They still look alarmed.

I am wondering now what is wrong with this poor man. How did he get this way? How did madness overcome him? I am also asking myself what if he is in fact not crazy? Perhaps he can actually see things that we cannot? 

He may even be partially slipping into another dimension.

Don't worry Mum. Don't panic. I know that this is almost definitely not the case. However perhaps we should not always dismiss such possibilities. Maybe we should try and think out of the box every now and then and open up our minds to other options. We should sometimes ponder the impossible.

I don't think it would do anyone any harm.

I would suggest this to the French-or-possibly-Belgian business women who are sitting adjacent to me but I think it would only alarm them even more and I wouldn't want that.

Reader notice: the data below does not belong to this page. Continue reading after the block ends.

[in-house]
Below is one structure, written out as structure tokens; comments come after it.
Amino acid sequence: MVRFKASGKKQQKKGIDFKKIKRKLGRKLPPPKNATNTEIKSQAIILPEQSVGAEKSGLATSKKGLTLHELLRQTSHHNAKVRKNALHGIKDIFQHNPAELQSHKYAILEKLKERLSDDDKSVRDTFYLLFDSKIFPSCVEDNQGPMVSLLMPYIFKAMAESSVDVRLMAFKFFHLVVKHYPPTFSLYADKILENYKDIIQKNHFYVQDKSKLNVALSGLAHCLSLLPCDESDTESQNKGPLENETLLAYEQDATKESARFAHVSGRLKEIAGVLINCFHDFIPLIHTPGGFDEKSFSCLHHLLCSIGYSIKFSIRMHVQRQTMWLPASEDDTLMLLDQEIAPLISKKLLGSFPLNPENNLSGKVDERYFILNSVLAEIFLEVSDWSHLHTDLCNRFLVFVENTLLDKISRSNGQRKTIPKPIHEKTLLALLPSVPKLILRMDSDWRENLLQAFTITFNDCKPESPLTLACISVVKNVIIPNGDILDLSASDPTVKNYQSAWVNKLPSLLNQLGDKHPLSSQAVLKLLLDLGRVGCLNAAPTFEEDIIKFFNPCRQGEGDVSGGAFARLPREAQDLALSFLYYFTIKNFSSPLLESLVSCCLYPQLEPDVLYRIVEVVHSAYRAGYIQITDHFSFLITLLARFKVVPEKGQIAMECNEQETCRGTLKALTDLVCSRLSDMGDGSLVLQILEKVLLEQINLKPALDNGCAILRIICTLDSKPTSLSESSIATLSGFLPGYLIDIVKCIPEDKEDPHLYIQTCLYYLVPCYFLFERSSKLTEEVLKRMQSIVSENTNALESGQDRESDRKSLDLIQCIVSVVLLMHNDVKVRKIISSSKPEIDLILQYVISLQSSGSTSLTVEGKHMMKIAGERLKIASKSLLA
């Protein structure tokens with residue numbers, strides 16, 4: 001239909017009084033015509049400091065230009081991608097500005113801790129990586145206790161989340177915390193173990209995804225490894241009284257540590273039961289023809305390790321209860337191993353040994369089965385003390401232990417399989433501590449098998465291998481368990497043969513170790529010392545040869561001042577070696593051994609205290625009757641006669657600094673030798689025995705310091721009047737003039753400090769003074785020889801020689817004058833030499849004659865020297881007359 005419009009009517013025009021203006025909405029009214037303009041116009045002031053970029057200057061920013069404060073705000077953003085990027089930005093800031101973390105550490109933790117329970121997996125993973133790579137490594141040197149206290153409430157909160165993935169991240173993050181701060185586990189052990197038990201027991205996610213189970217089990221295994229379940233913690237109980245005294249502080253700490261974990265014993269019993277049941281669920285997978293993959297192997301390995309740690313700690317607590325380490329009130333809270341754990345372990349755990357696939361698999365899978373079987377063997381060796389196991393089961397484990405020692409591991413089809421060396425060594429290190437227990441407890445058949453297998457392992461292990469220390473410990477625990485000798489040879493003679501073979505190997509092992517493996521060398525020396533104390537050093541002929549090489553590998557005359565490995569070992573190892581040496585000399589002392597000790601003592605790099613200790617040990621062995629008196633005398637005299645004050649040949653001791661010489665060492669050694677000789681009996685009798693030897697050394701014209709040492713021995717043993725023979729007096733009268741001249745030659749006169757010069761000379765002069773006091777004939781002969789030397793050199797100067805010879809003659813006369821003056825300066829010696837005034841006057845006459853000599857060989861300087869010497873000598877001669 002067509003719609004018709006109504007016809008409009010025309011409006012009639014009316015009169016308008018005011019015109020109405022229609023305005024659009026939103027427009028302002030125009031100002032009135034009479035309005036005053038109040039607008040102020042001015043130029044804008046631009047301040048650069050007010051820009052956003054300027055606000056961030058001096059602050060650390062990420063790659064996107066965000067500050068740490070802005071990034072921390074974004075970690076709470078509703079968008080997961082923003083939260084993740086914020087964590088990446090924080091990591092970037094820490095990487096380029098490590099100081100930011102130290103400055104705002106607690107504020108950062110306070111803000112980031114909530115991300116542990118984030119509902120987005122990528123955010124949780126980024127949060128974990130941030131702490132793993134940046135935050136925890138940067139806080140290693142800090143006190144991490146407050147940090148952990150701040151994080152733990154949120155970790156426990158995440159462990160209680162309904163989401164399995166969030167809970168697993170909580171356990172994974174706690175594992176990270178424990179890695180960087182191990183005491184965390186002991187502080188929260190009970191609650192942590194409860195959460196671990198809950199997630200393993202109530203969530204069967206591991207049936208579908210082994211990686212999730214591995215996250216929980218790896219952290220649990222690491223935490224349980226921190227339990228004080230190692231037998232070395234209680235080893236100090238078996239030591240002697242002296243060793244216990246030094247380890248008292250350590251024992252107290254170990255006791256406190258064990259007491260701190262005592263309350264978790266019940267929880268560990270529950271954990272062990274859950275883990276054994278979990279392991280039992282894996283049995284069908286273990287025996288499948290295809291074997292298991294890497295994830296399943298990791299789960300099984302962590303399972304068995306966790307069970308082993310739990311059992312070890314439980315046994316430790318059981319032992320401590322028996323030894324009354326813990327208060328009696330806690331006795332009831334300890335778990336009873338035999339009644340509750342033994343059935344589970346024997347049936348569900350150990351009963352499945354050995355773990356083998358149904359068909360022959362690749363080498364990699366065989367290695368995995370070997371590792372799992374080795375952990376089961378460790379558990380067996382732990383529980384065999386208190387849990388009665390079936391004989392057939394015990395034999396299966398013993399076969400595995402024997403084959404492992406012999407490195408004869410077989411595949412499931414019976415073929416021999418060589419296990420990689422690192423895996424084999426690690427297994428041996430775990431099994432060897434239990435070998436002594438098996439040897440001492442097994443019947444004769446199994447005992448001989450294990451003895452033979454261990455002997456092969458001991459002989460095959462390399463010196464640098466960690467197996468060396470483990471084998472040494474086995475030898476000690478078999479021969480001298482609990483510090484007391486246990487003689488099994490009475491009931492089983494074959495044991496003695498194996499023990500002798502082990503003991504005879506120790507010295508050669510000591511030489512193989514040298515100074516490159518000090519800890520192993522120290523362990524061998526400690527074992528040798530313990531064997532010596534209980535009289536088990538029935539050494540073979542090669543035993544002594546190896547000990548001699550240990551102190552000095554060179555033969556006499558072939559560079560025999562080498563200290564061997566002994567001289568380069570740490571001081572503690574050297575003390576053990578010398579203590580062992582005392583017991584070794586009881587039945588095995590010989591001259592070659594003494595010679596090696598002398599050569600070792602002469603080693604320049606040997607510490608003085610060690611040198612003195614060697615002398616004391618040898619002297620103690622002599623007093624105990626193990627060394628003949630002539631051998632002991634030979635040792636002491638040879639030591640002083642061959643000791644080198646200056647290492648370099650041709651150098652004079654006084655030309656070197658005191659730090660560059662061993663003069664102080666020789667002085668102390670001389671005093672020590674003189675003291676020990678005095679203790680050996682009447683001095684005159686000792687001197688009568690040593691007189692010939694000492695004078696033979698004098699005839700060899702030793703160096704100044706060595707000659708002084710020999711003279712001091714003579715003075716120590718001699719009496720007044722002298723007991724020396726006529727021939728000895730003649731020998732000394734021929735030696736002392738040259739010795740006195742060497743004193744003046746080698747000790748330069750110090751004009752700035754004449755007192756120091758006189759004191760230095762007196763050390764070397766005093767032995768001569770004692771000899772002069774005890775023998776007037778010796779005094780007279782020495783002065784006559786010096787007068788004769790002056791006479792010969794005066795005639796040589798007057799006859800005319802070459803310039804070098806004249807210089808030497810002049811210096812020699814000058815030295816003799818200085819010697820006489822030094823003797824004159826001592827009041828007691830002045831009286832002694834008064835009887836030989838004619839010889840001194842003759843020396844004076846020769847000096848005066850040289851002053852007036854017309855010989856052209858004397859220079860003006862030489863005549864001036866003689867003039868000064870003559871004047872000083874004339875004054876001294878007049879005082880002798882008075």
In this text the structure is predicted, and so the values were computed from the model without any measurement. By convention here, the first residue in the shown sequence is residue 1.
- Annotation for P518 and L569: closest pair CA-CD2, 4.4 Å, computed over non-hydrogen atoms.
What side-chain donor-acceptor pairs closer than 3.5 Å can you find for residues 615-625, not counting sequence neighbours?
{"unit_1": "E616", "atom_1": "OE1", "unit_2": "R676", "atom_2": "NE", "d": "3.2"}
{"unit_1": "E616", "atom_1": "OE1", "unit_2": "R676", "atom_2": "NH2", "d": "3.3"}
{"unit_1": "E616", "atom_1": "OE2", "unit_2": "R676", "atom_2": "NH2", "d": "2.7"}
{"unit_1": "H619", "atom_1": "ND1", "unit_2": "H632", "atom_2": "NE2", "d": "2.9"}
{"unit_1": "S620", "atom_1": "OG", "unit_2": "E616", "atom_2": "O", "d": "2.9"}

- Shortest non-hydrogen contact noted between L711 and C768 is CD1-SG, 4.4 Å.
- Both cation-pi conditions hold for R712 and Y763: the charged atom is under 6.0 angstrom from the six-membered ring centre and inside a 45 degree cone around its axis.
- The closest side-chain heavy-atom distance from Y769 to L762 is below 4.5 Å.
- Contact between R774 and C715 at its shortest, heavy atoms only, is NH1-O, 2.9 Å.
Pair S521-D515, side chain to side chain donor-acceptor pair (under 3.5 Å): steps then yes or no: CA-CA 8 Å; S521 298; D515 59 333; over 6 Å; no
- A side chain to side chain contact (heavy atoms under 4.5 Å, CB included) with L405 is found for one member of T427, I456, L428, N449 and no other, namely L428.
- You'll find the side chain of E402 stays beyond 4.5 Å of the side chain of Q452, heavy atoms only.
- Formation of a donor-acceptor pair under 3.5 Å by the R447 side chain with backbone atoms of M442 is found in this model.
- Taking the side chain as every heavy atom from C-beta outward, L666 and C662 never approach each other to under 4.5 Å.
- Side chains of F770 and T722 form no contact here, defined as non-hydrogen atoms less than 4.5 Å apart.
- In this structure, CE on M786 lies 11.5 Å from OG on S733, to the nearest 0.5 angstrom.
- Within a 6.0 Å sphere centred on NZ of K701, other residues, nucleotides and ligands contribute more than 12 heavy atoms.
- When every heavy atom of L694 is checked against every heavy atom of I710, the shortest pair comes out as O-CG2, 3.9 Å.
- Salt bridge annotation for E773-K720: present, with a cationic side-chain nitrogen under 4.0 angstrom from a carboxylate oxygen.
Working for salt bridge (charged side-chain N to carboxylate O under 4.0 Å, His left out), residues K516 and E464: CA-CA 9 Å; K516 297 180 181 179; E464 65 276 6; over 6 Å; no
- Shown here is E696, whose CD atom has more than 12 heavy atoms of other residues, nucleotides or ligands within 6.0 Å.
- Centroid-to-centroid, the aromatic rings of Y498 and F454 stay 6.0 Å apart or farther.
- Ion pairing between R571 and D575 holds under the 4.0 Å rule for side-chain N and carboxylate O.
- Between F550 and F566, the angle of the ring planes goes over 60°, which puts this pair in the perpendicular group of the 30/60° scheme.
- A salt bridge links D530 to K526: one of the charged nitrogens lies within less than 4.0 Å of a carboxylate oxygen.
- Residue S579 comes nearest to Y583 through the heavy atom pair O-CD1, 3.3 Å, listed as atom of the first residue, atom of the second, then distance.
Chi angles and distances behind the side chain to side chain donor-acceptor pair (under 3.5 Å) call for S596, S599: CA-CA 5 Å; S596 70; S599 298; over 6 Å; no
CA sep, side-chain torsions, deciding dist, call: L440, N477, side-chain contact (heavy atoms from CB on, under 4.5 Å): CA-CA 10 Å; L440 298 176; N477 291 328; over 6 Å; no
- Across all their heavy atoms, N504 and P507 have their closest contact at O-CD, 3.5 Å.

They seem alarmed enough. 

The French will claim the word 'alarm' derives it's origins from an anglicised version of the term "all alarme' which was a fourteenth century call to arms. It was a call to arms with a bell. I wouldn't argue with the French on this. It seems plausible and I couldn't be bothered arguing with the French. I only know a few French people and none of them are particularly bright. The French that I know are also quite arrogant and sultry and rude and arguing with them wouldn't be much fun.

Here come the security guys now. They are very well dressed in black suits and have walkie talkie things in their hands. They are big strapping lads and they look all business.

I hope they are gentle with the crazy man and I am telling them that now in fact. 

I am saying, "Please be gentle with that guy. He isn't really bothering anyone and I don't think he means any harm".